Press release Potatoes as viewed by the drone: the results

16/09/2022
Drone in front of leek field copyright ILVO

On a technology test field, ILVO conducted an unusual potato-precision farming trial during the 2022 growing season. Every three days, a drone with a camera took images of the plants (and any weeds). An artificial intelligence (A.I.) computer system learned to recognize where anomalies occurred in the images, and what they meant.

These meanings are "taught" to the system by having each image deviation systematically checked in the field itself by botanical specialists. In time, this will result in an A.I. algorithm that will make a sufficiently accurate and early diagnosis on its own. This can then help with farm management.

Peter Lootens (ILVO expert on plants and drone image interpretation): “Depending on the application, we place either an ordinary visual camera or a multispectral, hyperspectral or thermal sensor on the drones. Then we always combine our knowledge of plants with the enormous digital calculation capacity required for a correct interpretation. Precision agriculture with A.I. really requires multidisciplinary knowledge building.”

A next step is to have smart agricultural machines for weed control, crop protection or irrigation (in case of drought stress) and intervene locally. On the basis of a digital task map, these machines treat only the spots/plants that need it.

The agricultural machines are either existing agricultural machines or in some cases the newer digitalized generation. At ILVO, they are sometimes also prototypes of smaller and more accurate autonomous agricultural robots.

Simon Cool (ILVO's Living Lab Agrofood Technology and expert on robotics and automation): “The ambition of precision agriculture is to use digitalization and data to get to a point where we can intervene more precisely in terms of time but also in terms of place. Then we will no longer need to give the entire field the same treatment. With the new technology, we are aiming for a very sharp reduction in the volume of crop protection products used, up to 80% less. Europe has a target of at least 50% reduction in practice by 2030.”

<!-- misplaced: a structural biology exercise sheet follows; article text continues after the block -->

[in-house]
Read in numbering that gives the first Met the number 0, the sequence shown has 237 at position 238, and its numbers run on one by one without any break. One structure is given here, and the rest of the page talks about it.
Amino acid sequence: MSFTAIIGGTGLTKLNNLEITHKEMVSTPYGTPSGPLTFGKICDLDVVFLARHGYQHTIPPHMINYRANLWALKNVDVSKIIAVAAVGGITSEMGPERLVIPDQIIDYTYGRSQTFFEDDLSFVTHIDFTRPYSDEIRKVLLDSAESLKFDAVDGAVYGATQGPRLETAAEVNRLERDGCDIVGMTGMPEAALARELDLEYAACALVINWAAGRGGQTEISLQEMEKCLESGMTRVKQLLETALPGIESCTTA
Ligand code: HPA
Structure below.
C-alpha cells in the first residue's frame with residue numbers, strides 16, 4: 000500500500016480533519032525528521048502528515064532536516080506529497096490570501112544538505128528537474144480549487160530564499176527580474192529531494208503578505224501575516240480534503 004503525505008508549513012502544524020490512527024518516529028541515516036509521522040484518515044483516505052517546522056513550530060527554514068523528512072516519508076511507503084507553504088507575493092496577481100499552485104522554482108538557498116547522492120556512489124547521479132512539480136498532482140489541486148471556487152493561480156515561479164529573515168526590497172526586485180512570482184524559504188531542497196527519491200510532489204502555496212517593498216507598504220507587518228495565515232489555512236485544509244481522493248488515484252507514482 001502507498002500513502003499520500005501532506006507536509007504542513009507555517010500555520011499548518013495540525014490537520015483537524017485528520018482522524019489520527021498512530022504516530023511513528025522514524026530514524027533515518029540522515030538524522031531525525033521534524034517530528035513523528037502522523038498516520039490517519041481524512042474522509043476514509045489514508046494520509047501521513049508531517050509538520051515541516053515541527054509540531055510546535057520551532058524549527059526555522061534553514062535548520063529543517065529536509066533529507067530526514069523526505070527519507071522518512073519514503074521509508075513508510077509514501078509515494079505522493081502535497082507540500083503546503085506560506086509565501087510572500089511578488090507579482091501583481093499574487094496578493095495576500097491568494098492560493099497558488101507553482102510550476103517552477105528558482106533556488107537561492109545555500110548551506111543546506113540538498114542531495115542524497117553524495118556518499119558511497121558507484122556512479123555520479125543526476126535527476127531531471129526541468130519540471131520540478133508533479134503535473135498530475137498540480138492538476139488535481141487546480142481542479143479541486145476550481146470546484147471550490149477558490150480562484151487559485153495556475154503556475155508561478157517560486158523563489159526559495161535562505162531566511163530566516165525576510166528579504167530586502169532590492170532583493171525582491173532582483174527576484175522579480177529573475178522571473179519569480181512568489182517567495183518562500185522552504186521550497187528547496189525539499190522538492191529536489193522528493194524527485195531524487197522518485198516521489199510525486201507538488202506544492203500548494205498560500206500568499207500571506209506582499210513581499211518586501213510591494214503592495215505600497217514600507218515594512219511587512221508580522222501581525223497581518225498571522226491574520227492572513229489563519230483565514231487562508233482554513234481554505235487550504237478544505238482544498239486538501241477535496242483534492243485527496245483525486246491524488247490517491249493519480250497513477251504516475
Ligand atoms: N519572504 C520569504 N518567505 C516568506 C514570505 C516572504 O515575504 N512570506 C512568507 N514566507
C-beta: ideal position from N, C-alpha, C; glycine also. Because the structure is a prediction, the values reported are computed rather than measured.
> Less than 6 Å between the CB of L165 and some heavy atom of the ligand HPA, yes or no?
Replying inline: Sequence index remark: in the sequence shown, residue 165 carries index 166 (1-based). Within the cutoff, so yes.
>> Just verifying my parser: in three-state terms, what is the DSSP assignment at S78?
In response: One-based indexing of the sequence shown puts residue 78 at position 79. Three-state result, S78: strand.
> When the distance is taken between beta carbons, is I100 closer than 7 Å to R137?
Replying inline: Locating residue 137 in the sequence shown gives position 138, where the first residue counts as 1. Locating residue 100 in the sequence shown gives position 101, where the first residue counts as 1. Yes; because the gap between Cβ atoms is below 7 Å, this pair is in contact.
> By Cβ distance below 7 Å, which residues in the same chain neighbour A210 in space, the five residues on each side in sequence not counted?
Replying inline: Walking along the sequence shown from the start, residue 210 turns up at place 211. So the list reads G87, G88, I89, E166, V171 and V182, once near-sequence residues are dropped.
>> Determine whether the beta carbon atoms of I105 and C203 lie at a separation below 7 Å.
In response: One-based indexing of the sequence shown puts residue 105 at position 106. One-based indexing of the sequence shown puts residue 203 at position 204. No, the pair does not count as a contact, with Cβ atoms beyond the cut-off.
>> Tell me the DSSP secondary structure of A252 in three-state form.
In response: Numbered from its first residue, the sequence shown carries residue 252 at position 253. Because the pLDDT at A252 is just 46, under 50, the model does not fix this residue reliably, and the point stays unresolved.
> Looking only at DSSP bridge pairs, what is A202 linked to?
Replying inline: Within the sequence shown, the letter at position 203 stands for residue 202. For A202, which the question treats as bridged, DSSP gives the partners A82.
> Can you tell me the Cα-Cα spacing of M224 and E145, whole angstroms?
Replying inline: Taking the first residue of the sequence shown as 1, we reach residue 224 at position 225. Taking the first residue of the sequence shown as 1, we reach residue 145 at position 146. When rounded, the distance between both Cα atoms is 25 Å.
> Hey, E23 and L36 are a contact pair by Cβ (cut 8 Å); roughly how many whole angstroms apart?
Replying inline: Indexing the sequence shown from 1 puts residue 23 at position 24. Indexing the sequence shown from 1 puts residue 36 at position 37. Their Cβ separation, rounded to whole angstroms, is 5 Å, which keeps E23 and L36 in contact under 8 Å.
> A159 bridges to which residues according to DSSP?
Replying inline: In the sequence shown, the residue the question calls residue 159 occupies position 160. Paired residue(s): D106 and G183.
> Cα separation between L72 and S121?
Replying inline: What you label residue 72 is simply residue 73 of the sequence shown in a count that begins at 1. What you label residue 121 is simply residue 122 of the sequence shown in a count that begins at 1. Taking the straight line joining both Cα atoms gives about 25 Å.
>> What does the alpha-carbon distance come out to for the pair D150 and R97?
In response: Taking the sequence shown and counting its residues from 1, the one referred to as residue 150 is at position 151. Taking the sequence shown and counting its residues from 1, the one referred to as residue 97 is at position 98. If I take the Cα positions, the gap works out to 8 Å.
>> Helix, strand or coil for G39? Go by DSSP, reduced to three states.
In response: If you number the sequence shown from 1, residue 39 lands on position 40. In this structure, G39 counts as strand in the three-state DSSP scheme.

ILVO sees three preliminary results after the completion of the technological potato experiment in the field:

  • For plant disease there was some success in using images to detect Phytophthora en Alternaria. A hyperspectral sensor can currently detect incipient changes on the potato plant as early as a few days after infection. Instead of the classic preventive full-field spraying, 7 to 8 times per season in a dry year, the plot was sprayed only 6 times because the frequent observations allowed us to wait longer before spraying. In addition, the frequent drone and field observations were able to help the warning systems give more accurate warnings.
  • The weeds were controlled entirely on a site-specific basis using an innovative weed burner on our CIMAT robot, a prototype from the Interreg project of the same name in collaboration with several partners including Inagro and the KULeuven. Specially, for the first time we managed to transmit the processed image data from the drone in semi-real time. This was possible because of the improved superfast computing power, and because of the available 5G connectivity using a 5G antenna from Proximus.
  • Finally, one finding is that the components and apps in agricultural machinery and tractors, from different brands, cannot all talk to each other smoothly yet. Smoother data transfer will still require a lot of integration work.

Questions?

Contact us

Greet Riebbels

ILVO Communication

Simon Cool

Living Lab Agrifood Technology Coordinator

See also